Monday, March 13, 2006

The 20th Century Blip

Matt Corwine, a musician and writer, said to me the other day that the last hundred years will probably be seen as a blip in the music industry. The current decentralization of production and distribution is returning us to a time when making and listening to music is often a personal affair, much like it was before the big media companies came to power in the early 20th Century.

The news business may also be emerging from a bubble. “Authoritative news” was an artifact of the post-War social consensus. The Big Three US TV networks had their heyday in the Fifties and Sixties, and the period since then has also been a time of consolidation of print and radio. Yellow journalism and flaming polemic is the default mode for the media, and we’re returning to it. It’s not the end of the world; given the choice, I’d take Fox News over Fifties Conformism any day.

I shared this insight with Peter Rinearson, who then asked a great question: Were the last fifty years an aberration in other ways, too? We kicked some ideas around, and came up with this list:

  1. A centralized music industry
  2. Authoritative news
  3. Unquestioned support for intellectual property rights
  4. Peace and stability
  5. Rapid innovation
  6. Being overwhelmed by technological change
  7. No global epidemics

Not all of these bubbles were the same length – and my confidence that they’re temporary phenomena varies.

Intellectual property rights

The rise in the enforcement of intellectual property rights is relatively recent. The Economist’s Oct 2005 survey of patents and technology reports that immediately after America's declaration of independence, its government made it official policy to steal inventions from Europe, expediting the country's rise as an industrial power in the 19th century. Poor countries are increasingly combative about the intellectual property demands being made on them by rich countries, and the sharing of digital media is forcing a reexamination of the social contract embodied in copyright law. We could end up back in a world where intellectual property rights are only a secondary method for protecting investments. As Corwine said to me, “[I’m] selling things that can’t be digitized.”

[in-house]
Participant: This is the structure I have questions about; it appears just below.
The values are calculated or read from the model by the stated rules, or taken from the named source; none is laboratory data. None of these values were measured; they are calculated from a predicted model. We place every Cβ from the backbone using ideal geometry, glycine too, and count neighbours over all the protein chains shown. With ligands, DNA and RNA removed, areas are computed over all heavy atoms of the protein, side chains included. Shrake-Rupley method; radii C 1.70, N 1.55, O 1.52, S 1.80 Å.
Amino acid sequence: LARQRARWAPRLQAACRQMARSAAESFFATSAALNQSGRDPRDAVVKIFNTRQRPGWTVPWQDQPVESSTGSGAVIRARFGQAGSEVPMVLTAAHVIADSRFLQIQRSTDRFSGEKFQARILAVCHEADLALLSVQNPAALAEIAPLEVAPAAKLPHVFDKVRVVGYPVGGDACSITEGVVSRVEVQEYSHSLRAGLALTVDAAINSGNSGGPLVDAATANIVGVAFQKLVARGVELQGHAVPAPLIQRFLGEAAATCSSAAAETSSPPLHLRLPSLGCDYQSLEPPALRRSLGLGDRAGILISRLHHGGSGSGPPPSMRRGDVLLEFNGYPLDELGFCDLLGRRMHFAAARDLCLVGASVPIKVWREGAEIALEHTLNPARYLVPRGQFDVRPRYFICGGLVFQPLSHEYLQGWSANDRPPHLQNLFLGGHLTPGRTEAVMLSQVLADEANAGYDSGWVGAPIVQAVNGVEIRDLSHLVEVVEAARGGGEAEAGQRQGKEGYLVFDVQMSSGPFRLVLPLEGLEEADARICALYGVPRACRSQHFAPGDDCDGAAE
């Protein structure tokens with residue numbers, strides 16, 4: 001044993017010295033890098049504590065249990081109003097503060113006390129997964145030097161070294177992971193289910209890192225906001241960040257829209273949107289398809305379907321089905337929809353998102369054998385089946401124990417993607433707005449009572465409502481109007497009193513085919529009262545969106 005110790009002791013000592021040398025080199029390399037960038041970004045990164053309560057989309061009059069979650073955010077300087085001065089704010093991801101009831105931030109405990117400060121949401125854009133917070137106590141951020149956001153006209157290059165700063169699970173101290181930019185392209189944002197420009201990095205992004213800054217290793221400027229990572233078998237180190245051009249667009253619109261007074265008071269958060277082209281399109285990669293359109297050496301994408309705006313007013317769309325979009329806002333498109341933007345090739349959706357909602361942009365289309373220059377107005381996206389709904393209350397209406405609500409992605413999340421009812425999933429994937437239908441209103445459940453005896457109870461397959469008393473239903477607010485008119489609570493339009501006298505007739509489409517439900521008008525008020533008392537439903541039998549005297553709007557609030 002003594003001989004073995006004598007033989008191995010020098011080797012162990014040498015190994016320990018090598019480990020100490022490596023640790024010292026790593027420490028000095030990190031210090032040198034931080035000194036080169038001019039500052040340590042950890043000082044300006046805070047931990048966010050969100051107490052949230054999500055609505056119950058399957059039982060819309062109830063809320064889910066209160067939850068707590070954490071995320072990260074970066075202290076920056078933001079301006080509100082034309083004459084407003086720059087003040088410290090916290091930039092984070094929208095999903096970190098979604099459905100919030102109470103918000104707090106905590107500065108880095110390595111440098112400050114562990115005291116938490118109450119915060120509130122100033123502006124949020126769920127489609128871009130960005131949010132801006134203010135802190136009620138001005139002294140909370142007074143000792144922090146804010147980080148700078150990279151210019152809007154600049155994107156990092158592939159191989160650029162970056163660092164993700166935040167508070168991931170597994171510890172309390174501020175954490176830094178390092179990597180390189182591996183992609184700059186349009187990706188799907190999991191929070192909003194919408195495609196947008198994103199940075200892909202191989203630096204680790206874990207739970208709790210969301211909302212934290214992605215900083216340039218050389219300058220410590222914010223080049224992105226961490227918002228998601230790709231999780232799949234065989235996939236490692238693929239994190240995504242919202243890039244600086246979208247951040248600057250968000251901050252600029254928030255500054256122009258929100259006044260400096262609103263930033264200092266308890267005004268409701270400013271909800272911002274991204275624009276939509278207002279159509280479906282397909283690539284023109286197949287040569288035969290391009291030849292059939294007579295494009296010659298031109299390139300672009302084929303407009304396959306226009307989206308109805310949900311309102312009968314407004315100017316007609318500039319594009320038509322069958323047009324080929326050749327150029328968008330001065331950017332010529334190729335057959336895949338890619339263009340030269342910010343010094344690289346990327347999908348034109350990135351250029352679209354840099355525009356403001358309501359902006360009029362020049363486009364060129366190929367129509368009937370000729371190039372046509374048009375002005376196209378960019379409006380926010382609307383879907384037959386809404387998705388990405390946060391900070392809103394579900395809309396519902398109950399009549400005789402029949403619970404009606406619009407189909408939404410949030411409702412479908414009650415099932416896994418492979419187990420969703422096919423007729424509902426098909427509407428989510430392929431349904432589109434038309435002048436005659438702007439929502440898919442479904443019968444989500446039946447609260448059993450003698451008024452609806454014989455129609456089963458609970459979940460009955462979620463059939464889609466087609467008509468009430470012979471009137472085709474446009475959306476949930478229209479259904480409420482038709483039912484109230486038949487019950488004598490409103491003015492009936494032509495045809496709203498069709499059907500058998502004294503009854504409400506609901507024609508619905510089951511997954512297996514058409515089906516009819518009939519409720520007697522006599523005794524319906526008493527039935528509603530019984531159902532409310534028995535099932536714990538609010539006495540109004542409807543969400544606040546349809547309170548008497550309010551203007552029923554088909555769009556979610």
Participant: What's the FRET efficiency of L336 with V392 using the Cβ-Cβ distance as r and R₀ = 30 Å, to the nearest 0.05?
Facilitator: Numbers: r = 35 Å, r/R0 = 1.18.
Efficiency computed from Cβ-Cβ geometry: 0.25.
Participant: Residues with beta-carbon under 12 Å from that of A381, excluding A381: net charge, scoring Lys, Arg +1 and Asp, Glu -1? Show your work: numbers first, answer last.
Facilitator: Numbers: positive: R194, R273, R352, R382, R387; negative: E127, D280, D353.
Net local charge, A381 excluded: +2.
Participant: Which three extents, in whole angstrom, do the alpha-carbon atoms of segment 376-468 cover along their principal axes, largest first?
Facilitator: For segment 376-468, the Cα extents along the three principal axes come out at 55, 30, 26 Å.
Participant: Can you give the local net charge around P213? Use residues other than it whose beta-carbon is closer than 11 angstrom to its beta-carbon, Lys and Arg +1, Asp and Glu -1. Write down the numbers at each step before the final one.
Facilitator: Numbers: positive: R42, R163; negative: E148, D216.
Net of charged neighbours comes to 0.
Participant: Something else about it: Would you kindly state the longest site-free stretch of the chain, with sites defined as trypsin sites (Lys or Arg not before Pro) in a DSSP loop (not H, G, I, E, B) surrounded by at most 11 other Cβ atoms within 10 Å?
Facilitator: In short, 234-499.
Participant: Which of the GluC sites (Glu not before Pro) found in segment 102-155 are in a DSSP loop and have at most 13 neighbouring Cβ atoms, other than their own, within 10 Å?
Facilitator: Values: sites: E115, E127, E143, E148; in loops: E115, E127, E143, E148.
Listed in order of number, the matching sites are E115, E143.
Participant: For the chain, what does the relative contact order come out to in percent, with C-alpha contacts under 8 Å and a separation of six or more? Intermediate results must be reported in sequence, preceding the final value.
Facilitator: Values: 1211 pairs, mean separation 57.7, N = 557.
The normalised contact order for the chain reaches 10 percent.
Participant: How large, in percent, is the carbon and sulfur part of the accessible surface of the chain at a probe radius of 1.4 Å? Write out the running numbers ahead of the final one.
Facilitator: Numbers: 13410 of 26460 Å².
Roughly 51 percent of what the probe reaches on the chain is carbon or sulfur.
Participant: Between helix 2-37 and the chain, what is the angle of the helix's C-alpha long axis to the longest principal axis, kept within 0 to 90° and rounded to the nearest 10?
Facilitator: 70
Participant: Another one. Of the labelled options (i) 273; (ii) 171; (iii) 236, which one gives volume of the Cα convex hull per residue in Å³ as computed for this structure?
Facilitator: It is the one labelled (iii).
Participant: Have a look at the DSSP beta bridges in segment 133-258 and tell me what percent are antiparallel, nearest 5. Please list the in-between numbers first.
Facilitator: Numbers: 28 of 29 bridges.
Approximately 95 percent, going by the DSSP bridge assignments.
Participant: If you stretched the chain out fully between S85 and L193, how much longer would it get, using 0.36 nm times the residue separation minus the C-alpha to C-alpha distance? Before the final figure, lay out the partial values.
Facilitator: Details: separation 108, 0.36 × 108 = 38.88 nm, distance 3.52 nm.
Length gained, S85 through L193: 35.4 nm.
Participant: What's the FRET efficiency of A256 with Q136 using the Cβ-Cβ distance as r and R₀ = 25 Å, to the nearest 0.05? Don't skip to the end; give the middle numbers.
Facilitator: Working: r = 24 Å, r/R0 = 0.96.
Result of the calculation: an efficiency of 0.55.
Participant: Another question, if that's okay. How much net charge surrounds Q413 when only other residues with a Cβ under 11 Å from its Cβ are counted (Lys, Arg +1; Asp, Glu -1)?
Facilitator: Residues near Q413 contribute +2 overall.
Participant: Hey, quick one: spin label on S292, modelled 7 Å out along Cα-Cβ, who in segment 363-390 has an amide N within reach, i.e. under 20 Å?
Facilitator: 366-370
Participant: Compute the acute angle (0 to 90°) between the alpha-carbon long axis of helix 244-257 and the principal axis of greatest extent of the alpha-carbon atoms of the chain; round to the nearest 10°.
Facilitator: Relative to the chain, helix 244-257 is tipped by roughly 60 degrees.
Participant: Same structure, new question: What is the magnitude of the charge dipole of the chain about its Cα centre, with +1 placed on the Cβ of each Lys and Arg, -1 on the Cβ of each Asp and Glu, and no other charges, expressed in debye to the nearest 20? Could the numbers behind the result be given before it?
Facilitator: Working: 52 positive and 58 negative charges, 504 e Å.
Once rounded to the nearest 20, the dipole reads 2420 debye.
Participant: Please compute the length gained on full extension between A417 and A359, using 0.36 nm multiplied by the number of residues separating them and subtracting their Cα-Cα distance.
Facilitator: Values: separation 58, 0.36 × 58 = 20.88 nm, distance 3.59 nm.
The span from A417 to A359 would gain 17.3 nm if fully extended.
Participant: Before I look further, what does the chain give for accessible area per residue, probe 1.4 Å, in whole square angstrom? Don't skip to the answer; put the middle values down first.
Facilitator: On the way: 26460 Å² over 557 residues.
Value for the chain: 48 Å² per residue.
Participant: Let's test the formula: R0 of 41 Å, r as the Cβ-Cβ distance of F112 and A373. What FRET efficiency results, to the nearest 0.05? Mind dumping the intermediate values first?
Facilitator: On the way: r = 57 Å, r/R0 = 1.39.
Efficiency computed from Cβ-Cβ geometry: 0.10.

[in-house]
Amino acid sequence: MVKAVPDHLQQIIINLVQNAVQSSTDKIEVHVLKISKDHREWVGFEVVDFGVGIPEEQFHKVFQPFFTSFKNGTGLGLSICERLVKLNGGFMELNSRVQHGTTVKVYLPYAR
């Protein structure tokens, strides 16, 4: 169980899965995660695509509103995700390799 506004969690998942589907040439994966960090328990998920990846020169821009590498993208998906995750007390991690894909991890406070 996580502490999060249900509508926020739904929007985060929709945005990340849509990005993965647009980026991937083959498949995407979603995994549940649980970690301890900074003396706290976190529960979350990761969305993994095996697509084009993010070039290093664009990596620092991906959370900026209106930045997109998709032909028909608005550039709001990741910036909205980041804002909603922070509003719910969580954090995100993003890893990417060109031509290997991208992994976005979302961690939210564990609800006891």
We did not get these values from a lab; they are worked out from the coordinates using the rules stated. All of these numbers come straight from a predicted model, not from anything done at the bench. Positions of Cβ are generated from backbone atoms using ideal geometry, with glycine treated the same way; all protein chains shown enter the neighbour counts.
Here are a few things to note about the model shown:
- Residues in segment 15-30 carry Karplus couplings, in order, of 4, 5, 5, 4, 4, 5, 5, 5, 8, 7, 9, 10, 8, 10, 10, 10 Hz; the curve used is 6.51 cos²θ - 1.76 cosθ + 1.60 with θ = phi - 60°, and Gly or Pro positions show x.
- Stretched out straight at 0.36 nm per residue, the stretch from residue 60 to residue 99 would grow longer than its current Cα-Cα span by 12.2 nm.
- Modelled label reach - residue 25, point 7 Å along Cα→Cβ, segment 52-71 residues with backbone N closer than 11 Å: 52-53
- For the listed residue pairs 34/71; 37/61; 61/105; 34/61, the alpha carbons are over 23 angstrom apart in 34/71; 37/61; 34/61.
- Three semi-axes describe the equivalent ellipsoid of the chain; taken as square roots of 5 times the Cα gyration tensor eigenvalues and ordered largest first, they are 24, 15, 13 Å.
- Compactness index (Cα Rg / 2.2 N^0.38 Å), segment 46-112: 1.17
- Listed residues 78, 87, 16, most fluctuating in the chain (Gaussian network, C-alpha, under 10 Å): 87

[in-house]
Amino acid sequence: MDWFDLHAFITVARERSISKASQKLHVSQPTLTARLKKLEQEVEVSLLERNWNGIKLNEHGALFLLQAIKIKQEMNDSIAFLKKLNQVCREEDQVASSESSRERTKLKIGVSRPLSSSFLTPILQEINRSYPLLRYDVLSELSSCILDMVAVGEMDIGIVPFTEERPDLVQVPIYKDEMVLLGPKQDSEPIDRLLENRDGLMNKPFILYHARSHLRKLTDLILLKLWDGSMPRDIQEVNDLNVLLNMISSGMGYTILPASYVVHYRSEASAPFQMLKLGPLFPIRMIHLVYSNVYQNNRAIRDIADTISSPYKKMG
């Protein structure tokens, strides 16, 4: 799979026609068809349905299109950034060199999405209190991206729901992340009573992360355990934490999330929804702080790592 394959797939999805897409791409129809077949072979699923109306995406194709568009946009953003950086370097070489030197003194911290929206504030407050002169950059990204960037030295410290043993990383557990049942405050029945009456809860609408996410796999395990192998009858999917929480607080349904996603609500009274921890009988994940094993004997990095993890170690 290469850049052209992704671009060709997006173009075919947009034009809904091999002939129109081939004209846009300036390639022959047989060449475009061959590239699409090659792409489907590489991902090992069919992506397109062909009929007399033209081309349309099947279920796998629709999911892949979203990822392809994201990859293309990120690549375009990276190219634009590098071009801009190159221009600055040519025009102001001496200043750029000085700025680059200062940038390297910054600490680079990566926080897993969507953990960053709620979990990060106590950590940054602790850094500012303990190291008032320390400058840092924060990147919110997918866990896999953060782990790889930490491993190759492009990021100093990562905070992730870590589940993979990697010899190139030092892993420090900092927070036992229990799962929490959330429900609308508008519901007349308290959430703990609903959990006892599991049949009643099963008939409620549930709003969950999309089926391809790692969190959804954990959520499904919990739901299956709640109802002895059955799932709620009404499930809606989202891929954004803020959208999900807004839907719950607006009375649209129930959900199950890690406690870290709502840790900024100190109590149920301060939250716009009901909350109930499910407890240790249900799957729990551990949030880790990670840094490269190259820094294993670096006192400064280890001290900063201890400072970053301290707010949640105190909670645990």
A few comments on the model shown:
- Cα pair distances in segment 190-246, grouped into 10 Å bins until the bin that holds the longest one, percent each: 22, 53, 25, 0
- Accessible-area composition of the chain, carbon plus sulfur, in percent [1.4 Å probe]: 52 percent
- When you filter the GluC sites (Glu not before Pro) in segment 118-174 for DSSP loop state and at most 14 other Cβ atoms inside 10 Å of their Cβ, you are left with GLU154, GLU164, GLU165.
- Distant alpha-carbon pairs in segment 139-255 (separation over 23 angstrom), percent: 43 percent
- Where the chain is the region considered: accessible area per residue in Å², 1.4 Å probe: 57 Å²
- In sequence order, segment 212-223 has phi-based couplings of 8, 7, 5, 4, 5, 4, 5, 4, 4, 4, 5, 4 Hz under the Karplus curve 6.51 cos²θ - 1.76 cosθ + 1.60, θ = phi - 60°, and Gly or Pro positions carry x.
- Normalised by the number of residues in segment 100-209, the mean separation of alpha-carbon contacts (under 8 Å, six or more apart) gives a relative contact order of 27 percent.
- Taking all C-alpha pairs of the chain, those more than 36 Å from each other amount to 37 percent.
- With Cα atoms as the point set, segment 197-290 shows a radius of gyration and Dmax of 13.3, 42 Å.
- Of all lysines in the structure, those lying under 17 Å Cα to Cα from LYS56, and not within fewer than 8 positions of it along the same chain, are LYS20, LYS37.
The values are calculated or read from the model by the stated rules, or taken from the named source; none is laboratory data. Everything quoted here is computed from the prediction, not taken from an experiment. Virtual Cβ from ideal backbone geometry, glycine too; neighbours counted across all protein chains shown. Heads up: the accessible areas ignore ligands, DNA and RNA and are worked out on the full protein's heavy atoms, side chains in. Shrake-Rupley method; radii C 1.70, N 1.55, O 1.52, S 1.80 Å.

Peace and stability

If one discounts the US wars in Korea and Vietnam, and other terrible local conflicts, the last fifty years has been a remarkably peaceful time. In the preceding half-century there were two world wars. In the 19th Century there were many clashes of empire: the Napoleonic Wars (1799 – 1815), the Crimean War (1853-56), the Franco-Prussian War (1870-71) and the Russo-Japanese War (1904-1905).

Rapid Innovation

Innovation has been accelerating since the 1850s. Some scholars claim that the innovation of the computer age isn’t in the same league as that of earlier periods (eg Robert Gordon - PDF), or that innovation per capita is slowing (eg Jonathan Heubner - article). I’d guess that innovation will continue to accelerate since new innovation feeds on old in a cumulative way. However, society’s ability to absorb innovation has human limits (see my post The long wobble from idea to implementation), and it’s possible that we may start bumping up against them sooner rather than later.

Response to Change

All this innovation has lead to constant change, people have felt overwhelmed by new technology for the last 150 years. I think we’ve now got used to it; change is now so institutionalized that a slow-down in innovation is probably a greater social and economic risk than a continuation of the current rate. And if innovation flattens out, such a wrench is in the offing.

Global Epidemics

We’ve been lucky with pandemics – last big one was the flu of 1918 which killed 50-100 million people. (About 20 million people died of AIDS in the first 20 years of the epidemic.) But rise of the rapid international movement of both food and people means that infectious diseases are much harder to localize than they used to be. On the other hand, biochemistry is now a very advanced science, and our understanding of diseases and ability to respond is unprecedented. Your position on this issue boils down to this: Who can innovate more rapidly, viruses under evolutionary pressure or scientists? In other words: Are You Willing To Bet Against The Bug?

1 comment:

Suze Woolf said...

I have been reading Non Zero in which Robert Wright argues that increasing complexity is an aspect of all life, indicating history in fact has a direction. I haven't finished it yet and it may turn out to be proselytizing, but it is surprisingly entertaining. I suspect he would argue these blips will turn out to be noise in the trend line.